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Thread: Limitations of Webcams. Nothing new in years

  1. #11
    Senior Member
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    Think about it.. You can buy a new in the box C920 for around $70. The C920 has a 1/4 inch taped holed in the mounting bracket and you can use with tripod, and across the top of a laptop. It folds up real snug and you easily carry it with your stuff. No sense messing with a built in laptop camera, which is just a baker dozen item. In other words, instead of a dozen donuts you get 13 donuts. Which is just a cheap way to give you something extra to encourage a sale.

    http://www.amazon.com/Logitech-Webca.../dp/B006JH8T3S
    Last edited by domineaux; 08-01-2015 at 02:48 PM.

  2. #12
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    The webcam market as a whole is a commodity space. The C920 and C930 are best of breed considering the broad user base. The volume market is in the sub $100 range. the last big advancement was putting the compression engine into the camera, which is why we have the C920/930e.

    For more particular applications, like corp video conferencing, there's the Logitech BCC950 & PTZ Pro Webcam, also the AVER VC520...but these are in the $1k range. They have better lenses, and mechanical PTZ with remote control.

    VDO360, HuddleCam and a few others are this space. But the cost goes up considerably. They usually target corporate applications since there's a well-defined, funded market there.

    Beyond that you're into the low-end of the professional AV market, like churches and smaller cable/TV stations.

    Some people have been making use of DSLRs as higher performance webcams. They often take an HDMI output into a capture card.

  3. #13
    IAIB Broadcaster dasme's Avatar
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    When you look at who would commonly need webcams the most: parents, kids, grand parents etc you'll see that the bulk of their computing devices already come with a webcam. Every tablet, phone and laptop these days has one stock. So when the vast majority of your potential customers won't buy your new product, you are less likely to innovate in the consumer space. I would honestly surprised to see many new standalone high end web cams come to market.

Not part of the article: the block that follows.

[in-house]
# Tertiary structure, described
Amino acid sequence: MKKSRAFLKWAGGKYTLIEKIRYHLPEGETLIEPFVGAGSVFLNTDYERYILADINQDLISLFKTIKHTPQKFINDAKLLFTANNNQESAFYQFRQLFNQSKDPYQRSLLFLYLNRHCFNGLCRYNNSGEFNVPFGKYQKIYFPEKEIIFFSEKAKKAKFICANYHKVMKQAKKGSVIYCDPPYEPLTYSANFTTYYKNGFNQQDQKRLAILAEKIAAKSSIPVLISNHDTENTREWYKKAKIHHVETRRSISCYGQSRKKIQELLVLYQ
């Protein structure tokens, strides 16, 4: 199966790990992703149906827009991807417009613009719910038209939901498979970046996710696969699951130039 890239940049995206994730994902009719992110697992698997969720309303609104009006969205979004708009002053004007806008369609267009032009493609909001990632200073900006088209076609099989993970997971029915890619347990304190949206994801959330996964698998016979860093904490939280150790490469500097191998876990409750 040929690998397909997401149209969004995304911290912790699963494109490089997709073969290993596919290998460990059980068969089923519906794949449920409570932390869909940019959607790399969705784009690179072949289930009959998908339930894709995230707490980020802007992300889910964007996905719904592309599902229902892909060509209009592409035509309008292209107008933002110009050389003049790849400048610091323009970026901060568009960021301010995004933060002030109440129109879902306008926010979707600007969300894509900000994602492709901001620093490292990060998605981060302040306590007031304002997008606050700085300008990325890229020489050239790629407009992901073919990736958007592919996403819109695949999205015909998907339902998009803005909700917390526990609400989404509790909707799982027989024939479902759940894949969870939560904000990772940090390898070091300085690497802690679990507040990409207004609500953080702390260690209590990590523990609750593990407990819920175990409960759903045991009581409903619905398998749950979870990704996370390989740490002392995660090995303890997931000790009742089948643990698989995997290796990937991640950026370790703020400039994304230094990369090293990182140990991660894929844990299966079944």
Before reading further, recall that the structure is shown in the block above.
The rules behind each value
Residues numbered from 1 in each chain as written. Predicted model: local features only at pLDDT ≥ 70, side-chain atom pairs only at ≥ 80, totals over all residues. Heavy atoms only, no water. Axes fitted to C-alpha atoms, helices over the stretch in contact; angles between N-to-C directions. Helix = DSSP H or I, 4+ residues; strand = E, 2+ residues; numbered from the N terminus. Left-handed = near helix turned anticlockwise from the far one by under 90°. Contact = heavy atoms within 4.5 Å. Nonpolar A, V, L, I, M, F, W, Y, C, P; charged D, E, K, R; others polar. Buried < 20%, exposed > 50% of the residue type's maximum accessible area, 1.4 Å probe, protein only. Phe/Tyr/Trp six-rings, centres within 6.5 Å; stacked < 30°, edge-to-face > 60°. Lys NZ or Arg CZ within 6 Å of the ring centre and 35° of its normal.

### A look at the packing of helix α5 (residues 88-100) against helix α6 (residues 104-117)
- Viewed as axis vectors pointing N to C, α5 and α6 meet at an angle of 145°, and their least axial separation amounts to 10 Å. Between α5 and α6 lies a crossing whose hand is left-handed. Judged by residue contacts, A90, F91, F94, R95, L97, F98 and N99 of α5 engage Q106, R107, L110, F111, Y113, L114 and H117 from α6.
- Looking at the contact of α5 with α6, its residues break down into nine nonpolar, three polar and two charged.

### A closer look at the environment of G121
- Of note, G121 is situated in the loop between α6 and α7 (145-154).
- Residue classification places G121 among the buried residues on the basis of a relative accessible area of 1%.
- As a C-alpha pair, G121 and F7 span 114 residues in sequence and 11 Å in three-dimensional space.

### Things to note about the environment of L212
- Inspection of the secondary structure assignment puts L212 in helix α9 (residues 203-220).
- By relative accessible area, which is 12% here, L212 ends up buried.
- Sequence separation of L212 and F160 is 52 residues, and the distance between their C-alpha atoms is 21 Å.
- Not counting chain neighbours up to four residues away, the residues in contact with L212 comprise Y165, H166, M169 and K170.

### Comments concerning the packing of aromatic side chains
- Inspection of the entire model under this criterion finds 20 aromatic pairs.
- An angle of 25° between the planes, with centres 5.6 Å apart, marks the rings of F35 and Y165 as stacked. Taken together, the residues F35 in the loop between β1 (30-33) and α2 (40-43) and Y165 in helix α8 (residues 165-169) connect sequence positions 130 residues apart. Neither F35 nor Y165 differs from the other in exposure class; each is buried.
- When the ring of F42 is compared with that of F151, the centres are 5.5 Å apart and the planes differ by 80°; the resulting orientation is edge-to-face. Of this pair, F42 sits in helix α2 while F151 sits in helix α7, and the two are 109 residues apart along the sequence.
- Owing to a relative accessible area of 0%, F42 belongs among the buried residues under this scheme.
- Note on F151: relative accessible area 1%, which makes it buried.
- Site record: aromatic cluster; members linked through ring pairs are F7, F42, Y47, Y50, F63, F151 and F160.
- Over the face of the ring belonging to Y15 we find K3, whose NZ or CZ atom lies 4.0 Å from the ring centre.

What we as podcasters will have to do in the near future is setup more pro rigs with real video cams and tripods to get better resolution or performance.

    It's a little sad, but expected. Tempted to play around with some old iPhone or iPod Touches to see how they would fill the need in case my C920 dies in the near future.
    Lloyd Hannesson - @dasme
    Founder of the VGPodcasts Network - http://vgpodcasts.com

  4. #14
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    I wouldn't waste your time with such devices. The built-in cameras of laptops, phones, iPods, etc can't match the quality from the C920 or C930. Worse yet, you may then constrained by the use of Wifi as a connectivity scheme.

    Telestream does offer an iOS app to using an iPhone or iPad as a source for Wirecast, but I wasn't impressed with the result.

  5. #15
    IAIB Broadcaster dasme's Avatar
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    On the mac and with the latest OS you can directly tether the device to your machine and mirror the screen. It's how I broadcast iOS games through Wirecast. The cameras on the latest iOS devices are close to the c920. I'm worried about lag, and on screen controls getting in the way. Just looking for something that can fill the gap incase something blows up with the current setup.

    Definitely not something that I would want to use permanently, but it would be quicker to setup and way less than an external camera and capture card. I'll be moving there eventually, just taking small steps.
    Lloyd Hannesson - @dasme
    Founder of the VGPodcasts Network - http://vgpodcasts.com

  6. #16
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    My iPhone 6+ takes better video the my 1 year old Handy-Cam.
    Last edited by Dana; 11-15-2015 at 04:45 AM.

  7. #17
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    The big difference being that USB attached are a low cost way to get decent video for live production. Post-produced video can come from a wide variety of sources. A $70 Logitech webcam is hard to beat for live work. Great quality/price ratio. Very accessible.

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